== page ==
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Depending on if you've chosen to go with the default IP address ranges or limit them, the next step is to enter the name of your VPC. In this example, we named it "MyVPC". 
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Once you've added your Public subnet name (for your webserver) and Private subnet name (for your app server) as per your network's architecture, you associate your NAT gateway with one of the elastic IPs provided by AWS. Once this is done, click the Create VPC button and you'll now have a default VPC. 
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Default VPC using name "first vpc" has been created

Step 4: Create Public and Private subnets for your VPC
 
Now that you've established a VPC, you'll want to create the Public and Private subnets. Viewing and adding subnets inside the VPC Dashboard is easily done by navigating to Subnets on the left and clicking "Create Subnet".
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You can create create multiple subnets by specifying the details of each one- identifying name tag, which VPC it's associated with, optional Availability Zone, and its CIDR block specification.  

The following screenshot shows two subnets which have been created- one Public (web Public subnet) and another Private (app Private subnet). 

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Step 5: Create Private subnet for your database server

After creating your Public and Private subnets, you'll also need to create an additional private subnet for your database server (DB private subnet) following your design architecture. 

Once configured, click the "Yes, Create" button and you'll now have a second private subnet for your database server as shown in the screenshot below.

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 Step 6: Create Route Tables

Route tables consists of a set of rules, called routes, which are used to decide where network traffic is directed.

Each subnet in your VPC must be associated with a route table; the table controls the routing for the subnet. A subnet can only be associated with one route table at a time, but you can associate multiple subnets with the same route table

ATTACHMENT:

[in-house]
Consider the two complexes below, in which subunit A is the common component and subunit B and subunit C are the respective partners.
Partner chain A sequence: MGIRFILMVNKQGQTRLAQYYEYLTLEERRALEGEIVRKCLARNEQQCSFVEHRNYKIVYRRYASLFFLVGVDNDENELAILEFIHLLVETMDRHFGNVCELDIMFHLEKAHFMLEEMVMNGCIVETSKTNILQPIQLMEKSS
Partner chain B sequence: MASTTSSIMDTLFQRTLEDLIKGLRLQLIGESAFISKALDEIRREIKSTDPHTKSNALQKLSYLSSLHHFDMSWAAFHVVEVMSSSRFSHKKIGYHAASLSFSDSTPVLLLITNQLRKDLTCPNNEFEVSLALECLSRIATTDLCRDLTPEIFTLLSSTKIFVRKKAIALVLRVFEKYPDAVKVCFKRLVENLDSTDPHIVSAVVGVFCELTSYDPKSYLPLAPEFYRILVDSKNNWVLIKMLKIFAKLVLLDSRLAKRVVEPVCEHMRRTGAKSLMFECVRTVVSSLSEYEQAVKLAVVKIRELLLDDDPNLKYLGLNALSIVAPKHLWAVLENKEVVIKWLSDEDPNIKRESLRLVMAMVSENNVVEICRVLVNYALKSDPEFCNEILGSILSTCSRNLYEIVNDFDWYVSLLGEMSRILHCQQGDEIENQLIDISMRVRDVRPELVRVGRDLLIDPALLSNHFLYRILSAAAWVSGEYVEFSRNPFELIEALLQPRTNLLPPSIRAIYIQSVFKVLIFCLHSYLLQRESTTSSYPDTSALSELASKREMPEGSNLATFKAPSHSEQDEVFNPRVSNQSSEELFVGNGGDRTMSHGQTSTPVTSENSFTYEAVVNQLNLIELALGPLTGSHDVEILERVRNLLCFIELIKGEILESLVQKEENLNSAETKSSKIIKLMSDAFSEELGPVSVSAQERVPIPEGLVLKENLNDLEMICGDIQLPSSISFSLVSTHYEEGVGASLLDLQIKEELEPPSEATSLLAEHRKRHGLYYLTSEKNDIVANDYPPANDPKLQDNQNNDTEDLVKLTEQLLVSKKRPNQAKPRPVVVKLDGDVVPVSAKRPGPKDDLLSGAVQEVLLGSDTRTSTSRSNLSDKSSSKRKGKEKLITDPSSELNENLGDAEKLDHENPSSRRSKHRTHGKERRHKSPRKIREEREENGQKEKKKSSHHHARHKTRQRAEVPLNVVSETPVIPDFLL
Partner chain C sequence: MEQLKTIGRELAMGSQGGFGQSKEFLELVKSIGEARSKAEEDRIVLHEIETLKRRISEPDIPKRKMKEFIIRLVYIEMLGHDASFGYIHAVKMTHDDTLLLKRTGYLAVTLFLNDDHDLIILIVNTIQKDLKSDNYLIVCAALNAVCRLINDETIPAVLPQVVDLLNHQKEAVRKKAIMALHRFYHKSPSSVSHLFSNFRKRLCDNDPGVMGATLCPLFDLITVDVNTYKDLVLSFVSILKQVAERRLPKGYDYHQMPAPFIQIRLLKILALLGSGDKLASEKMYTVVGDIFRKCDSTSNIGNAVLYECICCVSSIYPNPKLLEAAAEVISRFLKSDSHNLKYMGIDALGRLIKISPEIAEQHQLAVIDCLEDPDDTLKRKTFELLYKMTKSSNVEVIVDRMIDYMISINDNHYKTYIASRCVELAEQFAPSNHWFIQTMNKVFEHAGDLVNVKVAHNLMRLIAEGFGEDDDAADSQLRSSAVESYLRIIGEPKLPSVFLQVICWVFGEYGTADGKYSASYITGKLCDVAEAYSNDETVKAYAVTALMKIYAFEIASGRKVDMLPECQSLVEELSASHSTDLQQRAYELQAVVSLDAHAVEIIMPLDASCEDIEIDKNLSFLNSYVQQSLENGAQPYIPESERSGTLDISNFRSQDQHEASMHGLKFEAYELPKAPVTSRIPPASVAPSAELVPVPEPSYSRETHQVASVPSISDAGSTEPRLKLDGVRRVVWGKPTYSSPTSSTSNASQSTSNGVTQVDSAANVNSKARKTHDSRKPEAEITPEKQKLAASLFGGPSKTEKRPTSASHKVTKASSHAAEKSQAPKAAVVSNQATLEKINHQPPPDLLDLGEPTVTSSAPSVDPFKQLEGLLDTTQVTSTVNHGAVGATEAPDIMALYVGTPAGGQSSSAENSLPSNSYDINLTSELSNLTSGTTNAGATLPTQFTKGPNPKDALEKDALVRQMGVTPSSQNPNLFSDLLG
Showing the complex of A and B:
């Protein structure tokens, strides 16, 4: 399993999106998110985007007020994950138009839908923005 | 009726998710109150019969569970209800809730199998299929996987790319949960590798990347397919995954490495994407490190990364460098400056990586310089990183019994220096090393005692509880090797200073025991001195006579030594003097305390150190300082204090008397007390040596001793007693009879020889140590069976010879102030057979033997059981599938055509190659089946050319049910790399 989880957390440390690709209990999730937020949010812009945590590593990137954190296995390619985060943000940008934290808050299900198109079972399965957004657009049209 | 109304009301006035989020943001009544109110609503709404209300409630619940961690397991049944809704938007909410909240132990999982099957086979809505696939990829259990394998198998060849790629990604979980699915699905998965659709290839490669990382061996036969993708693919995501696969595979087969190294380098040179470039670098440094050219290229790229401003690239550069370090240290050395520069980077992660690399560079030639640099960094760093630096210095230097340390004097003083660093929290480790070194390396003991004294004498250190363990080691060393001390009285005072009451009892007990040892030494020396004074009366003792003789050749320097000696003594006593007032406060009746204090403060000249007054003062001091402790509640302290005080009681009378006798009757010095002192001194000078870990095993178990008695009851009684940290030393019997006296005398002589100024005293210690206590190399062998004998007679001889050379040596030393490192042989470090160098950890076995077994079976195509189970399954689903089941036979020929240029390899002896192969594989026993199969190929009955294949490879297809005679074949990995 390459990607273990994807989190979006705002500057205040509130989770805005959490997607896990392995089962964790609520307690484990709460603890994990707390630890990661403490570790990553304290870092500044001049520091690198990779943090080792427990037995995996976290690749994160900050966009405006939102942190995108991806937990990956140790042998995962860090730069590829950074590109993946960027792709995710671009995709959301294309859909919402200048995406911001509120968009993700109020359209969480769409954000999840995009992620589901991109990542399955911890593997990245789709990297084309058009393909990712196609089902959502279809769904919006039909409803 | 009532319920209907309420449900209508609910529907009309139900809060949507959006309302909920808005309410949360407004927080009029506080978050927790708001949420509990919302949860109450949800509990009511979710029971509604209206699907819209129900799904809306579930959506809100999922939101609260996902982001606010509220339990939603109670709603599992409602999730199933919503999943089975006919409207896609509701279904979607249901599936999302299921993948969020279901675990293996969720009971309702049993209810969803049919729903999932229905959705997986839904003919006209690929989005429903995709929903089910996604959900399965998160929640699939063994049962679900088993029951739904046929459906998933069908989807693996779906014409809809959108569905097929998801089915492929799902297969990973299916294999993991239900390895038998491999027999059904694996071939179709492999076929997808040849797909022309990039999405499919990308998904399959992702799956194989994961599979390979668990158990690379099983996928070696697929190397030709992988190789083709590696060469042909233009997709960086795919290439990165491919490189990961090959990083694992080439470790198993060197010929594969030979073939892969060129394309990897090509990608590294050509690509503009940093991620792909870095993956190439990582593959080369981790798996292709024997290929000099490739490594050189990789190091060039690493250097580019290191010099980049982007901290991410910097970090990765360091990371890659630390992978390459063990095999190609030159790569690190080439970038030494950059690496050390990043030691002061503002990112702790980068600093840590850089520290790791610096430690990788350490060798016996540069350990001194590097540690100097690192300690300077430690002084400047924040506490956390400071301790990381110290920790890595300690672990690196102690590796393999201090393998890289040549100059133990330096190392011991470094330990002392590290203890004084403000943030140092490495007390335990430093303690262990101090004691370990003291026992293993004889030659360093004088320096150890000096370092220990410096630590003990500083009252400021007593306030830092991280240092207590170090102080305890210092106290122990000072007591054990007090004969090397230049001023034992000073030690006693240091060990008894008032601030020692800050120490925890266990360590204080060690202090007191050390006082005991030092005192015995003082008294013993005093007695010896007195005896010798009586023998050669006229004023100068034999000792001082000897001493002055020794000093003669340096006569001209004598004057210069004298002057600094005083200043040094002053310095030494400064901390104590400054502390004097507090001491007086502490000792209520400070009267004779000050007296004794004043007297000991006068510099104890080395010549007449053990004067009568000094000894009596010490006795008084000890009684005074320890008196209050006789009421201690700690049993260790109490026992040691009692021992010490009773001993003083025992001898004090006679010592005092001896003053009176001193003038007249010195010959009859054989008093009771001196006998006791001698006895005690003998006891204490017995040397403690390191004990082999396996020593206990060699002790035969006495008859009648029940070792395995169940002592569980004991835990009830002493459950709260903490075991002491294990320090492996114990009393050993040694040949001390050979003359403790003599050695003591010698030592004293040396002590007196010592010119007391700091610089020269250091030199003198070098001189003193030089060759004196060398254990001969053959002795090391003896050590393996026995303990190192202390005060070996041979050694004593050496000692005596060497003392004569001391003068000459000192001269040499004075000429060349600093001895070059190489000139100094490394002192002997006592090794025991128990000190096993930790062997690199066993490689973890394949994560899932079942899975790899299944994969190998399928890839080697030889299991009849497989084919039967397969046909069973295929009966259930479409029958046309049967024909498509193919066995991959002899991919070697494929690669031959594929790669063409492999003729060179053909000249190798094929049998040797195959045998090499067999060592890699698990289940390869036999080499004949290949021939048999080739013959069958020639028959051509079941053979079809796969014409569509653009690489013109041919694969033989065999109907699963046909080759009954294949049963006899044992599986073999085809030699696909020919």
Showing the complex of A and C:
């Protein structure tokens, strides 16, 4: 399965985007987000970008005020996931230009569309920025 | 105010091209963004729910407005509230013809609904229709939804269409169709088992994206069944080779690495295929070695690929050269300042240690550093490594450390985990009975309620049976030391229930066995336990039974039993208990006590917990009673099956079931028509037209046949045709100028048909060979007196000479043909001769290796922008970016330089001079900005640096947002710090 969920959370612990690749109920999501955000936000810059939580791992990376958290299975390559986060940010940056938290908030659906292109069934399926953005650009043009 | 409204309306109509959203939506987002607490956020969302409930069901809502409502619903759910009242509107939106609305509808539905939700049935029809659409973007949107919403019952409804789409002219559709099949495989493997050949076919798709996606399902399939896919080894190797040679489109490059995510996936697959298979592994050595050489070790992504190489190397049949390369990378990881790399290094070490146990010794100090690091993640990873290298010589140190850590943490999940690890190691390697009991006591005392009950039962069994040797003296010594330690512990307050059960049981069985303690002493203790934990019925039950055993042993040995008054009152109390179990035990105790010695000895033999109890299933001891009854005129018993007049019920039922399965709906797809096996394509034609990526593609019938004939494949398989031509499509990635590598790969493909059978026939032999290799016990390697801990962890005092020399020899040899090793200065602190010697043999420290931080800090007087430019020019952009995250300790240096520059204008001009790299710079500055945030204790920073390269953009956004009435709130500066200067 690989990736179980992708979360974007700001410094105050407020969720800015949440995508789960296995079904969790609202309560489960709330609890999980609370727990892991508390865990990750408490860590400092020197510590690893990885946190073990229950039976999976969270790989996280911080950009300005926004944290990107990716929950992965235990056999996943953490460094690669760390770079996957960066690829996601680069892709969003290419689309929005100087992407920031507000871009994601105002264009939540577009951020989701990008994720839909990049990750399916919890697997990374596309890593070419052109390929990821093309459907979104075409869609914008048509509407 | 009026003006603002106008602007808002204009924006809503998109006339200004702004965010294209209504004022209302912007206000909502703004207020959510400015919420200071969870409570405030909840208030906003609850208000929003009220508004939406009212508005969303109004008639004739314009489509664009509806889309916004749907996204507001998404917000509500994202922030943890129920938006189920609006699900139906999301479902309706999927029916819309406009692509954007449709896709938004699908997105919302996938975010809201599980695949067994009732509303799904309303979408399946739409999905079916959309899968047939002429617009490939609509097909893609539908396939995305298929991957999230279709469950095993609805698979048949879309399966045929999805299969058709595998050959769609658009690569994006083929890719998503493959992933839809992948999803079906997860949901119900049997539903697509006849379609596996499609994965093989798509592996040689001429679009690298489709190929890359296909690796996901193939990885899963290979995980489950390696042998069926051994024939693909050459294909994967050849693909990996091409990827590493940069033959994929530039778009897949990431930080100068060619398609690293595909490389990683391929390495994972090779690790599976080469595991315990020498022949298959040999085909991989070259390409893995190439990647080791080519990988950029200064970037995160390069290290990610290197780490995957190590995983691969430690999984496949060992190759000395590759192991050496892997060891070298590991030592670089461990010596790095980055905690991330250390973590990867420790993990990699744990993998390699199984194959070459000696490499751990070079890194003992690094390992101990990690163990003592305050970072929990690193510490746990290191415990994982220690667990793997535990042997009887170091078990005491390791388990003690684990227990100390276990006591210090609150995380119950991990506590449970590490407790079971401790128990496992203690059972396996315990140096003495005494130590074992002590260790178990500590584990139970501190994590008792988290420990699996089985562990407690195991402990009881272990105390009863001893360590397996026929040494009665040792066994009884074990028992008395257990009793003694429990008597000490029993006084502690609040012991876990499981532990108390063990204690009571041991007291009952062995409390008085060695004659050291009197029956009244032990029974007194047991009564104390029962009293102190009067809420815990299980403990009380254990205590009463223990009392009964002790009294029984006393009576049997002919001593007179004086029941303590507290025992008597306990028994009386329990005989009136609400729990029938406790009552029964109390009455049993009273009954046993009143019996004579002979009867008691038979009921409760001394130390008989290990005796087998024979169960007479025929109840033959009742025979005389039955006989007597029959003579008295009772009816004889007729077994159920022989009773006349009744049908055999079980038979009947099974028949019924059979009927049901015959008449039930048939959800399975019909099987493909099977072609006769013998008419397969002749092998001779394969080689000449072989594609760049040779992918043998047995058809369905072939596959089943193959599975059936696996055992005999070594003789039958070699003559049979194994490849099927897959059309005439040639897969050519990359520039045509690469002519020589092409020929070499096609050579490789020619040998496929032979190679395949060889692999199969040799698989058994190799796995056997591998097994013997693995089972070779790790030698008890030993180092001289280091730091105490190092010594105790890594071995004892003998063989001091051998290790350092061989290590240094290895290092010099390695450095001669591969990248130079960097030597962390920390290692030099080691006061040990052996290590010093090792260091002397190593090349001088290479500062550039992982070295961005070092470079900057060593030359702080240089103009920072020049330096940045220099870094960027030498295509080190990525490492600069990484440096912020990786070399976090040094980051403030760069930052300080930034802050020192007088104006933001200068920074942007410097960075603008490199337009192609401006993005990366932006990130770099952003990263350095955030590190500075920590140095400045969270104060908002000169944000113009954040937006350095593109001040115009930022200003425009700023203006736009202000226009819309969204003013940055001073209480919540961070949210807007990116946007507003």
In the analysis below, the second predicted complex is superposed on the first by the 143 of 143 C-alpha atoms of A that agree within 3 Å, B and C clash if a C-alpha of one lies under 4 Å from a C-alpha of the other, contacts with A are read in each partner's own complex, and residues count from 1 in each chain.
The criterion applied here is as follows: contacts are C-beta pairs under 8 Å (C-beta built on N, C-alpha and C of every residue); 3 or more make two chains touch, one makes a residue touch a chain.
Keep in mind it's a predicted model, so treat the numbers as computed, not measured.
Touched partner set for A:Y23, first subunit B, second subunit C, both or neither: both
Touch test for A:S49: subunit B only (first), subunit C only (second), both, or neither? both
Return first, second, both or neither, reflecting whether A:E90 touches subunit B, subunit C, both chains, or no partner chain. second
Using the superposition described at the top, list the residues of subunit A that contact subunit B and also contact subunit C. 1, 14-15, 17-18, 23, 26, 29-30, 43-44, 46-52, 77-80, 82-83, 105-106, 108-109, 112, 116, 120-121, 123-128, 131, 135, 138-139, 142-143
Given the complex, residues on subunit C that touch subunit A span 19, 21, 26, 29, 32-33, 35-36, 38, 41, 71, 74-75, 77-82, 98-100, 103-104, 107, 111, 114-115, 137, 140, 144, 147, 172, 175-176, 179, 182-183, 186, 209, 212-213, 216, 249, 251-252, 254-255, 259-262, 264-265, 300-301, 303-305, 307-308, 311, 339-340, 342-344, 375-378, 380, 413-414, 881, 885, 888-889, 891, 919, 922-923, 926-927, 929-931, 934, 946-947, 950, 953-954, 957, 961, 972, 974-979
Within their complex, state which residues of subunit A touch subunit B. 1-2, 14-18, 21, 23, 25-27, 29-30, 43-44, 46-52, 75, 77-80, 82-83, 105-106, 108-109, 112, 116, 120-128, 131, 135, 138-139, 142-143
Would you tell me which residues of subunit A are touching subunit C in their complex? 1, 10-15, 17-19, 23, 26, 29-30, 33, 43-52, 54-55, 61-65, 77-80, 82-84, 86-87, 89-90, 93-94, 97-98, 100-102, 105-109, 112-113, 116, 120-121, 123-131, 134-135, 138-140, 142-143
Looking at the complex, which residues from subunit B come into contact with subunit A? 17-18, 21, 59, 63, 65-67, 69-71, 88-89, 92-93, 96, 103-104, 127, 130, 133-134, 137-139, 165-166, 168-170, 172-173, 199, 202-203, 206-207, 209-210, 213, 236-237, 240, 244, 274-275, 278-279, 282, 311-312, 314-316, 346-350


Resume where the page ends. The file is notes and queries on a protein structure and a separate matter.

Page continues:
Viewing and creating new route tables is also done by navigating to the option on the left of the VPC Dashboard. After highlighting, simply click on the "Create Route Table" in the new panel view.

Main Route Tables-  A main route table is created automatically for each VPC. The main route table controls the routing for all subnets that are not explicitly associated with any other route table. You can add, remove, and modify routes in the main route table.

You can explicitly associate a subnet with the main route table, even if it's already implicitly associated. You might do that if you change which table is the main route table, which changes the default for additional new subnets, or any subnets that are not explicitly associated with any other route table

Custom Route Tables- Your VPC can have route tables other than the default table. One way to protect your VPC is to leave the main route table in its original default state (with only the local route), and explicitly associate each new subnet you create with one of the custom route tables you've created. This ensures that you explicitly control how each subnet routes outbound traffic.

We've created an additional custom route table alongside the main route table as shown below (Custom = No, Main = Yes). 

VPN8.jpg

 Step 7: Route Tables associated to VPC

Select custom route table above and edit route table and route field associated with Internet Gateway 0.0.0.0/0 and subnet field associate with webserver and save…. again we edit second main route table and route field associated with NAT gateway  0.0.0.0/0 and subnet field associated with app and DB servers as seen in the following two screenshots. 

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  Your basic VPC setup is now completed!